Telugu Interviews

Nag Ashwin Interview: ‘My Challenge Was To Get Keerthy Suresh To Believe In Her Acting Prowess’

It’s been two weeks since Mahanati (Nadigayar Thilagam) released, and the accolades keep pouring in. Keerthy Suresh and Dulquer Salmaan have been receiving a lot of bouquets for getting into the skin of their characters. The film’s technical team and costume department have been lauded too. However, there have been some niggles in the form of actress Bindu Chandramouli speaking about her role of Pushpavalli not appearing on screen and Dr Kamala Selvaraj, who says the film does not portray her father Gemini Ganesan in true light.


In a post-release conversation, director Nag Ashwin speaks about the process of scripting, the work that went into creating a film of this magnitude, why he edited out portions, and how he’s going to regroup before his next film.

Excerpts from an interview with the filmmaker, who is enjoying some time off after nearly two years of intense work.

The verdict is out, and the film has achieved critical and commercial success. Did you expect it to be this big when you were making it?

Not at all. We were making it with a certain obsession because we were careful not to mess up Savitri’s life or work. I worked for long on the research and script and knew that the movie would become some sort of a reference point. But, we had no idea about how popular it would be at the box office.

All I knew was that I had to tell a story that people already knew, and still make it interesting. Also, when you spend about eight months on research and scripting, you focus on the writing. And, when that translates on-screen, it is magical. In addition, we had time for pre-and post-production; all credit to the production house. Most importantly, we knew we were retelling Savitri’s story.

At what stage of filming did you realise the actors were truly living their characters on screen. That Keerthy got Savitri’s soul right, that Dulquer was as charming as Gemini…

I work on instinct, and I knew they would do justice. Also, during shoot, I called everyone by their character names. The atmosphere was such that it seeps into you.

My challenge, if you could call it that, was getting Keerthy to believe in her prowess as an actress. She is, by default, unaware of her capabilities. A lot of credit to the success of her performance is because of the time she spent in getting everything right, and her sense of perfection. But, beyond all the make-up and costume, even if she turns up in a loose blouse and crumpled sari and without make-up, you won’t see beyond her eyes. I think Mahanati is the first step of Keerthy realising her potential. My favourite scene is the one of Keerthy in the photo studio in a polka dotted sari. I was always very fond of the original photo, and was particular that Keerthy must look as close to that as possible.

With Dulquer, his first scene was the monologue after Keerthy bangs her head while shooting for Devdas. He was effortless. He came on board purely because he was piqued about the period phase of the film.


There have been mixed reactions for the Madhuravani-Antony segment. Did you see that coming?

I wanted this interplay of generations. It was part of the plan to have one generation discovering her. The idea was to reach to the younger people, have Madhuravani and Antony introduce Savitri to the audience. Even Samantha knew she was taking up something risky as she had to stand up to Savitri as a personality in the film. But, the story needed it; the perspective of the film had to come from her. Yes, some might not have liked that strand, but movie-watching is very subjective.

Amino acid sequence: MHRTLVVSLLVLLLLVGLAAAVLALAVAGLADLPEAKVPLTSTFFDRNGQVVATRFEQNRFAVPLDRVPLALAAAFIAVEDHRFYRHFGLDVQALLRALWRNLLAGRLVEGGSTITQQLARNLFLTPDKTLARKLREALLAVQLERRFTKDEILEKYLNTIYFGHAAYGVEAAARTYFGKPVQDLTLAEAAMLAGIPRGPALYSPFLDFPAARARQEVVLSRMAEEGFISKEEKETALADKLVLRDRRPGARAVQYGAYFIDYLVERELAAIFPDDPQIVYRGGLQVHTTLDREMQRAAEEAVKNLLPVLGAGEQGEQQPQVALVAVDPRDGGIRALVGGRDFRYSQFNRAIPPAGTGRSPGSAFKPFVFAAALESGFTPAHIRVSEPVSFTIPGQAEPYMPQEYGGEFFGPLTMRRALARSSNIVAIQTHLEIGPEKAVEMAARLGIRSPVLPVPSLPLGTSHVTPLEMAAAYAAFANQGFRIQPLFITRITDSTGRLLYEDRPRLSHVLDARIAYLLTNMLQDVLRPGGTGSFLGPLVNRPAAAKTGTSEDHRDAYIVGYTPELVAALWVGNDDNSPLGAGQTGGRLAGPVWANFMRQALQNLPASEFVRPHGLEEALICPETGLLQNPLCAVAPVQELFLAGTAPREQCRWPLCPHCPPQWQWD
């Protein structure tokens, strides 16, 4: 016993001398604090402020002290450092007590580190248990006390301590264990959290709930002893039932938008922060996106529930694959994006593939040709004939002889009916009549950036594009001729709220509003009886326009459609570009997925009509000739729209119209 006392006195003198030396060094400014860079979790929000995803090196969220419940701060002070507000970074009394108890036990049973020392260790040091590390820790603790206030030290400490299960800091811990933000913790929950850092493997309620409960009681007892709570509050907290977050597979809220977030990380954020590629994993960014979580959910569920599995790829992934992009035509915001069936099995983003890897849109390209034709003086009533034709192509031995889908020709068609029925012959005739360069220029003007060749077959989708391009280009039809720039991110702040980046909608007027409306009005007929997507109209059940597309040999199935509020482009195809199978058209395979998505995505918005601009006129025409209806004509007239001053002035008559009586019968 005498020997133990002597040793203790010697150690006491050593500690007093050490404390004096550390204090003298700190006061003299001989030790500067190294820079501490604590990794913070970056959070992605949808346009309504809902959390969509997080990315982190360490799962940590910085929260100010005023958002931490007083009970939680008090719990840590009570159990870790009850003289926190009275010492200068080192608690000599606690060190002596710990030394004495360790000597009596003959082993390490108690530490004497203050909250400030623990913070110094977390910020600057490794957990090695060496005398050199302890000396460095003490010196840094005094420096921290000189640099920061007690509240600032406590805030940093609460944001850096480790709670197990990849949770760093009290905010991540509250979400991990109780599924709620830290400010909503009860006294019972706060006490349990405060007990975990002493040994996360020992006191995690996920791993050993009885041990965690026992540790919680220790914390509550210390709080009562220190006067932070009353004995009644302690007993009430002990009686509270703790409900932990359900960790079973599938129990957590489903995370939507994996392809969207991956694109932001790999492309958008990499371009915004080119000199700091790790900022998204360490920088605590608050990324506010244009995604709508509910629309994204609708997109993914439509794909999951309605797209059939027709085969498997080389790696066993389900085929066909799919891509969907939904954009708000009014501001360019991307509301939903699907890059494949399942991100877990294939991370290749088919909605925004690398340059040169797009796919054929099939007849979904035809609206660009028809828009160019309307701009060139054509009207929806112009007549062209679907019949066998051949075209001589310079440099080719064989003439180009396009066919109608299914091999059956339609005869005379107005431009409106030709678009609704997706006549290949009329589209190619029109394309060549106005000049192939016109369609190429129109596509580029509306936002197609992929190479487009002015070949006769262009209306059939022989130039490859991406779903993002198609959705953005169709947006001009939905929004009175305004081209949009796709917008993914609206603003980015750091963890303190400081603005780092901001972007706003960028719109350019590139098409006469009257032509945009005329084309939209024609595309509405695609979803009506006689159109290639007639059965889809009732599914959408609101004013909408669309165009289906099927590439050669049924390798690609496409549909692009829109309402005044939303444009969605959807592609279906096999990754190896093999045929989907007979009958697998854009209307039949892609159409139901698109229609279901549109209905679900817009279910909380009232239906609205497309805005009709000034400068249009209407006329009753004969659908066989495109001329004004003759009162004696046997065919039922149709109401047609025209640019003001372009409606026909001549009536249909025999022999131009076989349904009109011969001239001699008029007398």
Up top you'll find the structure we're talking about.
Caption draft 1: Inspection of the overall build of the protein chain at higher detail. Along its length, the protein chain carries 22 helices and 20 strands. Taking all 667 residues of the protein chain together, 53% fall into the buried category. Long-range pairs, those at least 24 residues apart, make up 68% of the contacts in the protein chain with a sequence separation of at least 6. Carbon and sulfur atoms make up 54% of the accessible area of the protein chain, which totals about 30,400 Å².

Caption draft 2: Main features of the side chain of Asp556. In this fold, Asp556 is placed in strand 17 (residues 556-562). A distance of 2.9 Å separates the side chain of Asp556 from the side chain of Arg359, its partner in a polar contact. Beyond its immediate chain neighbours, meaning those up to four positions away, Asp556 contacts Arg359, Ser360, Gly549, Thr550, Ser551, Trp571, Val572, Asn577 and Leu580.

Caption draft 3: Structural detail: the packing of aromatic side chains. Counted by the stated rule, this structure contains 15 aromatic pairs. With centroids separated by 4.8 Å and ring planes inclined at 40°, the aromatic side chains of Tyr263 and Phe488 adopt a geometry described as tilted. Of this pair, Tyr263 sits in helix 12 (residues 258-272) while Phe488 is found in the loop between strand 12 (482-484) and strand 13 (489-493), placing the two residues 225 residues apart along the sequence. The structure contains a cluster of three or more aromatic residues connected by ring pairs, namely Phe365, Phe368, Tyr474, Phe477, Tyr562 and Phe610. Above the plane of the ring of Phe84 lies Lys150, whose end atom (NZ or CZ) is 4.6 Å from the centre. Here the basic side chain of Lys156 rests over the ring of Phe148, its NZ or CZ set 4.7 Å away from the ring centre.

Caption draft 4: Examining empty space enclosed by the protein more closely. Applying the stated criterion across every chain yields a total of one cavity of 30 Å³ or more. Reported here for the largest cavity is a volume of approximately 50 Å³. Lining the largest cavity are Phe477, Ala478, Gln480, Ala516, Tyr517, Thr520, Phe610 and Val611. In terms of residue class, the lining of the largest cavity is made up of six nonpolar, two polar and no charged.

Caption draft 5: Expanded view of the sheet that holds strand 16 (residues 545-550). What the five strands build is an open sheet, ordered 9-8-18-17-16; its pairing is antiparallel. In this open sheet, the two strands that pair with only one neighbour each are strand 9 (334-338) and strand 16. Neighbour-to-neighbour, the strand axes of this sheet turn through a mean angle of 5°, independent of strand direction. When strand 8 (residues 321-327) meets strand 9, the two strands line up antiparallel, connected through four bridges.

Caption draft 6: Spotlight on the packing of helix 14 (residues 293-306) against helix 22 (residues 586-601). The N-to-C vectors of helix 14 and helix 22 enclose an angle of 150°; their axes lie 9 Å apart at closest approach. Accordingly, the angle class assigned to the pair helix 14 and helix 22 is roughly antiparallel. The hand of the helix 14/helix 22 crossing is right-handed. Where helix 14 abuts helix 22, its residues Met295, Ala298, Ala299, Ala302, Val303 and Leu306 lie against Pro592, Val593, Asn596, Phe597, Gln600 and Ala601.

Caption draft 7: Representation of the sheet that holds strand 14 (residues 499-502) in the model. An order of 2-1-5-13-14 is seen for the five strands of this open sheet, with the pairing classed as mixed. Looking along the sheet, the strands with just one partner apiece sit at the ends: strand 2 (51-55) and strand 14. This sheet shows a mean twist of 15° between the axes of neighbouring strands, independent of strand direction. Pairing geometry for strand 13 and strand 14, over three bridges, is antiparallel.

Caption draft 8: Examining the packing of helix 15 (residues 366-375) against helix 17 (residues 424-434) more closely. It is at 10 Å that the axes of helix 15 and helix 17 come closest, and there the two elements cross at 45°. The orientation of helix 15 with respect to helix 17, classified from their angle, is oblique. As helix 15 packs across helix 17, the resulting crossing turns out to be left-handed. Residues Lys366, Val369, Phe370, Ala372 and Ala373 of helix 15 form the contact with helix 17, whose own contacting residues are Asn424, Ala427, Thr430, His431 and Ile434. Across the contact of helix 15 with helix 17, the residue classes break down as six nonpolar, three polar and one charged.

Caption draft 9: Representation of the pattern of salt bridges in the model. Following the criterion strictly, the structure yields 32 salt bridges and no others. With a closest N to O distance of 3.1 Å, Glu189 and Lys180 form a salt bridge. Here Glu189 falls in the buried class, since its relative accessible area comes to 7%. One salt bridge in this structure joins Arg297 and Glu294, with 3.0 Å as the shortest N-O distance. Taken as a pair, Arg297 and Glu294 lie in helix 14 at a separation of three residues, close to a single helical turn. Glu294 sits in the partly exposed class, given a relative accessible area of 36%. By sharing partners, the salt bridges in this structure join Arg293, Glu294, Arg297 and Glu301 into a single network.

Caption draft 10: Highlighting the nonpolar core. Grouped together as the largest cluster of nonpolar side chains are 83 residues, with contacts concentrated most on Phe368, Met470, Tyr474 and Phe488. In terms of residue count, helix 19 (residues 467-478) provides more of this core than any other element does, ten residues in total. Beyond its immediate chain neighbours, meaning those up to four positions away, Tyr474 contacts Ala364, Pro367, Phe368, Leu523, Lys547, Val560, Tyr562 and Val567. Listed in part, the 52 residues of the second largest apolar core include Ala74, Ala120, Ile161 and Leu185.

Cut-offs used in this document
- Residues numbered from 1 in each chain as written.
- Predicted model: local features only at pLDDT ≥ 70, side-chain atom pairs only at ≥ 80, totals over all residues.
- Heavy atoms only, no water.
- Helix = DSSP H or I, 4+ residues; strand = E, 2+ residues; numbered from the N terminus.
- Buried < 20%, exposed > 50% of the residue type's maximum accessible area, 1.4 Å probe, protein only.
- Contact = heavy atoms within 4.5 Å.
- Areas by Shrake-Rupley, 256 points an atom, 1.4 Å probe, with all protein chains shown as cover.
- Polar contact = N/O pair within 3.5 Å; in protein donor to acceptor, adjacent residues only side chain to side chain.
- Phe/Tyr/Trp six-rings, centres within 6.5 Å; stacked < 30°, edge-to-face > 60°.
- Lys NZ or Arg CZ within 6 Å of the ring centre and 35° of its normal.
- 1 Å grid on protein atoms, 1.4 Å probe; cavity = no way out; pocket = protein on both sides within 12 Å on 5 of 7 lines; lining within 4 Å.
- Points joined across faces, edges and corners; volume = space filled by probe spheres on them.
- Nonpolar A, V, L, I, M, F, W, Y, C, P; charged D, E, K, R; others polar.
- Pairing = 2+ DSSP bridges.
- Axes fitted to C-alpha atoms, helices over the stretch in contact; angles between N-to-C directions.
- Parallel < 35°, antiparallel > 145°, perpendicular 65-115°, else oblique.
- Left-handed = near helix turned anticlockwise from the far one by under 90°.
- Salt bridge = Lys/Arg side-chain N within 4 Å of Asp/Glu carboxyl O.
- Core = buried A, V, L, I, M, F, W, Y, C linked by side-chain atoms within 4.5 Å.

Some reviews felt you had sanitised Savitri’s life, painted her romance with Gemini without any associated ugliness…

There is a truth, and only those involved in it know it. The rest are all versions of those around them, and these might be distorted by time. I tried to follow the truth as much as I could. We tracked letters that Savitri and Gemini wrote, articles of that era… Ultimately, it is a film, and we chose to follow a certain perspective or path.

There’s a lot of stuff we could choose to show or not, but those were not really relevant to the story. Additional themes would have lent it a documentary feel, slowed down the pace.

Is this also why the Pushpavalli portion was edited out?

Yes, during editing I felt this segment was not really pushing the story forward. You are tempted to add a lot of things to the biopic of a well-known actress, but we tried our best to be objective and stick to the flow of the story. Today, people say they hoped the film would go on for another 10-15 minutes. That’s because we were brutal on the editing table.

How difficult was it to snip out scenes, considering the same level of detail went into shooting them?

I started my career as an editor. So, I am okay with taking a call on chopping. What I miss is the audience reaction to those scenes. Now, no one will mention about how I wrote Rekha’s scene… Someday, it will be online as ‘deleted scenes’, but it won’t be in context to the film, with evocative background score…


Do you hope to release a director’s cut sometime?

This version of the film is pretty much a director’s cut. There were a few things I left out, but nothing that I felt must be in the film.

After two years of living with the film, how have you been spending time?

In another year, I hope to get working on another movie. People have short memories, and by then 20 other movies would have got the audience talking. There will be no real pressure to live up to Mahanati. The last time around, after Yevade Subramanyam, I took time off to experiment with cooking. I might do that this time too. I hope to travel, learn something new that I won’t get a chance to otherwise…